• “there’s no guarantee it will reflect the views of the electorate (which of course a PR-elected upper house would.”

    No, it would represent the VOTES of the electorate

  • Herbert Brown 4th Aug '09 - 7:23pm

    Yes, the beauty of a random sample is that it would reflect all aspects of the population, to within a few percent sampling error, not just which party people voted for (and of course most “PR” systems aren’t exactly proportional in any case).

    So a random sample would reflect not only party support and geographical location, but also gender, ethnicity, age, religion, sexual orientation and so on.

  • Dave Cockayne 3rd Sep '09 - 3:35pm

    Democracy? What democracy?

    Once every few years we get to put an X in a box. This may have been acceptable when the majority of people were unschooled illiterates, but are still so untrustworthy? Our judgement seemed quite good on before invading Iraq compared to that of ‘the elite’.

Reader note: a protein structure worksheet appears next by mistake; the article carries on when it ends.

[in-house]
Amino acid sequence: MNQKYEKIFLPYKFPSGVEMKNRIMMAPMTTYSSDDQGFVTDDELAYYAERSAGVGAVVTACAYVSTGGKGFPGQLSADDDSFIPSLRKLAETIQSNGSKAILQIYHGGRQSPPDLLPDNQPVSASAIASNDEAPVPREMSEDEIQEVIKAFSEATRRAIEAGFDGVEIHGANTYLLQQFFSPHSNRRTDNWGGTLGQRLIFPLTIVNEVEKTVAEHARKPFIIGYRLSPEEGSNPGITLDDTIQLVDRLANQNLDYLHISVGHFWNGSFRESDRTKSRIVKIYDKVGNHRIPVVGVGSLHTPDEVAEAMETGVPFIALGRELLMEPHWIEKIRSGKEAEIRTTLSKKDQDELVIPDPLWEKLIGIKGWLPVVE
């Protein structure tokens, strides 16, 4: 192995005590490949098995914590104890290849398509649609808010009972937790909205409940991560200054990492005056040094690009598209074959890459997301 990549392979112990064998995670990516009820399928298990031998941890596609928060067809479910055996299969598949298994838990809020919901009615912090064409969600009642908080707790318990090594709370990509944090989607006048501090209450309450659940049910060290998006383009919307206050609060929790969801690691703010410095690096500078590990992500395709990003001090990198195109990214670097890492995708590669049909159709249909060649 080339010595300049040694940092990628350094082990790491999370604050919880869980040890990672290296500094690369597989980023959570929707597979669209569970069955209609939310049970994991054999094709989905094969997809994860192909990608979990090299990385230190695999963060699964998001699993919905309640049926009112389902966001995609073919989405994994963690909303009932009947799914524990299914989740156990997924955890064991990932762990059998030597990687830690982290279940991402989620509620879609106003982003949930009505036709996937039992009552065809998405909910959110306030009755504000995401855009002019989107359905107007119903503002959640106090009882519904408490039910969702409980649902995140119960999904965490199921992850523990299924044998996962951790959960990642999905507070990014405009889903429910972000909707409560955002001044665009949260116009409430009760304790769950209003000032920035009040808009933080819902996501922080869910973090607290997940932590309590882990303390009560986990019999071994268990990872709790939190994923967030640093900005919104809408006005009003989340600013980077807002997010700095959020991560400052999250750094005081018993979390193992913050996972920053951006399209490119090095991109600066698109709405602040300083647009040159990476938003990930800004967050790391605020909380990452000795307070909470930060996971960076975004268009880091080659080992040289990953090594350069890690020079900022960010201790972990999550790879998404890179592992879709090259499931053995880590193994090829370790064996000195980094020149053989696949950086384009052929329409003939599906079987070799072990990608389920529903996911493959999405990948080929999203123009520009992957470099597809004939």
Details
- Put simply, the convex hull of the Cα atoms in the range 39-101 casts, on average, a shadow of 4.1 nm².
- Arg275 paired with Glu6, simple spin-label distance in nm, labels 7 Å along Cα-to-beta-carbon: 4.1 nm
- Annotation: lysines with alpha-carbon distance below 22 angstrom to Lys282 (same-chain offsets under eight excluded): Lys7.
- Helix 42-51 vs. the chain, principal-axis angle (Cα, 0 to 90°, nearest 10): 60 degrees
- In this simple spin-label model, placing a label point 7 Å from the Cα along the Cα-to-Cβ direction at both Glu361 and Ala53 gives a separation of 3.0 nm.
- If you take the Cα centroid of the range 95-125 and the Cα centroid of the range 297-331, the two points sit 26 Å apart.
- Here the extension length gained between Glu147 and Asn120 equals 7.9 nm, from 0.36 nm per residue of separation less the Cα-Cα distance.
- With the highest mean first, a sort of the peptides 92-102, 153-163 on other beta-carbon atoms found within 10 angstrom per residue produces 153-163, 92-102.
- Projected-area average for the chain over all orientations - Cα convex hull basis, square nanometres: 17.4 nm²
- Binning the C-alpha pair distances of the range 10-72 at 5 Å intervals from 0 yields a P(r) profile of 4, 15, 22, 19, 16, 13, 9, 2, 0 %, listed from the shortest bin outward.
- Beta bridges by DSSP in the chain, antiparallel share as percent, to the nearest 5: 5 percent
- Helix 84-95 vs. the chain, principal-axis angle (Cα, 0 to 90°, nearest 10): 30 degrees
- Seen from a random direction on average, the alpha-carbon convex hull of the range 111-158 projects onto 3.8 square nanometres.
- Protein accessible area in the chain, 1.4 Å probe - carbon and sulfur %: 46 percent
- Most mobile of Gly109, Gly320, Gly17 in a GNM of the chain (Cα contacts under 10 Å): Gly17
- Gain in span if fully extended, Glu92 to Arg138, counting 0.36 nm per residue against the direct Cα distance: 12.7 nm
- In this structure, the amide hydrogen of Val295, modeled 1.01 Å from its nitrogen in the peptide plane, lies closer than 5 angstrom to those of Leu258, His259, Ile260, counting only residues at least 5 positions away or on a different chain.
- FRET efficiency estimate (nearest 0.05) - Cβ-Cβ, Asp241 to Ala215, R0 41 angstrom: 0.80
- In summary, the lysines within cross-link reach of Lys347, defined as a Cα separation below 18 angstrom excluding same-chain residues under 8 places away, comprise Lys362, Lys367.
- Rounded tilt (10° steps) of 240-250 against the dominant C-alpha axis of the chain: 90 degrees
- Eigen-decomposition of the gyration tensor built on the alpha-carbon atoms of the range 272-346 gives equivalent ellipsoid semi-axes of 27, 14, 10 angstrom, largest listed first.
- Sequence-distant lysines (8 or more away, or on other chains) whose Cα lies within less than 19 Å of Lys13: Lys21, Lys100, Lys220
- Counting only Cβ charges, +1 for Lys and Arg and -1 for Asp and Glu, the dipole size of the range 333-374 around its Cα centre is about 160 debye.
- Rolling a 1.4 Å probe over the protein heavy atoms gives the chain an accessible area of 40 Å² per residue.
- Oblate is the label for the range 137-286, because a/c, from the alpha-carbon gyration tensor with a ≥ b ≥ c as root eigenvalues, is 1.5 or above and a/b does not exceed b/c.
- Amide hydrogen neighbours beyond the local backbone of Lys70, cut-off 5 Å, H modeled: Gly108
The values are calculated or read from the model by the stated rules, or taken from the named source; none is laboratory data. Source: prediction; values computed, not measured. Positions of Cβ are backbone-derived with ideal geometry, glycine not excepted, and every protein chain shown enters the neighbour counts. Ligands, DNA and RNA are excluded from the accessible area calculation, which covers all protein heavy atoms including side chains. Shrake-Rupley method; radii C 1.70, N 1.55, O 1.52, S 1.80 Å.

If you really want democracy in this country, go Swiss and install direct democracy. They have plenty of participation and mass media coverage of issues.

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  • By Social Liberal Forum » Daily Digest - August 2nd: on Sun 2nd August 2009 at 11:48 pm.

    […] the day. So, in no particular order here is the top of today’s picks:   1. Jack Taylor on Liberal Democrat Voice argues that the Liberal Democrats can use mass media to re-connect the public and Parliament.   2. […]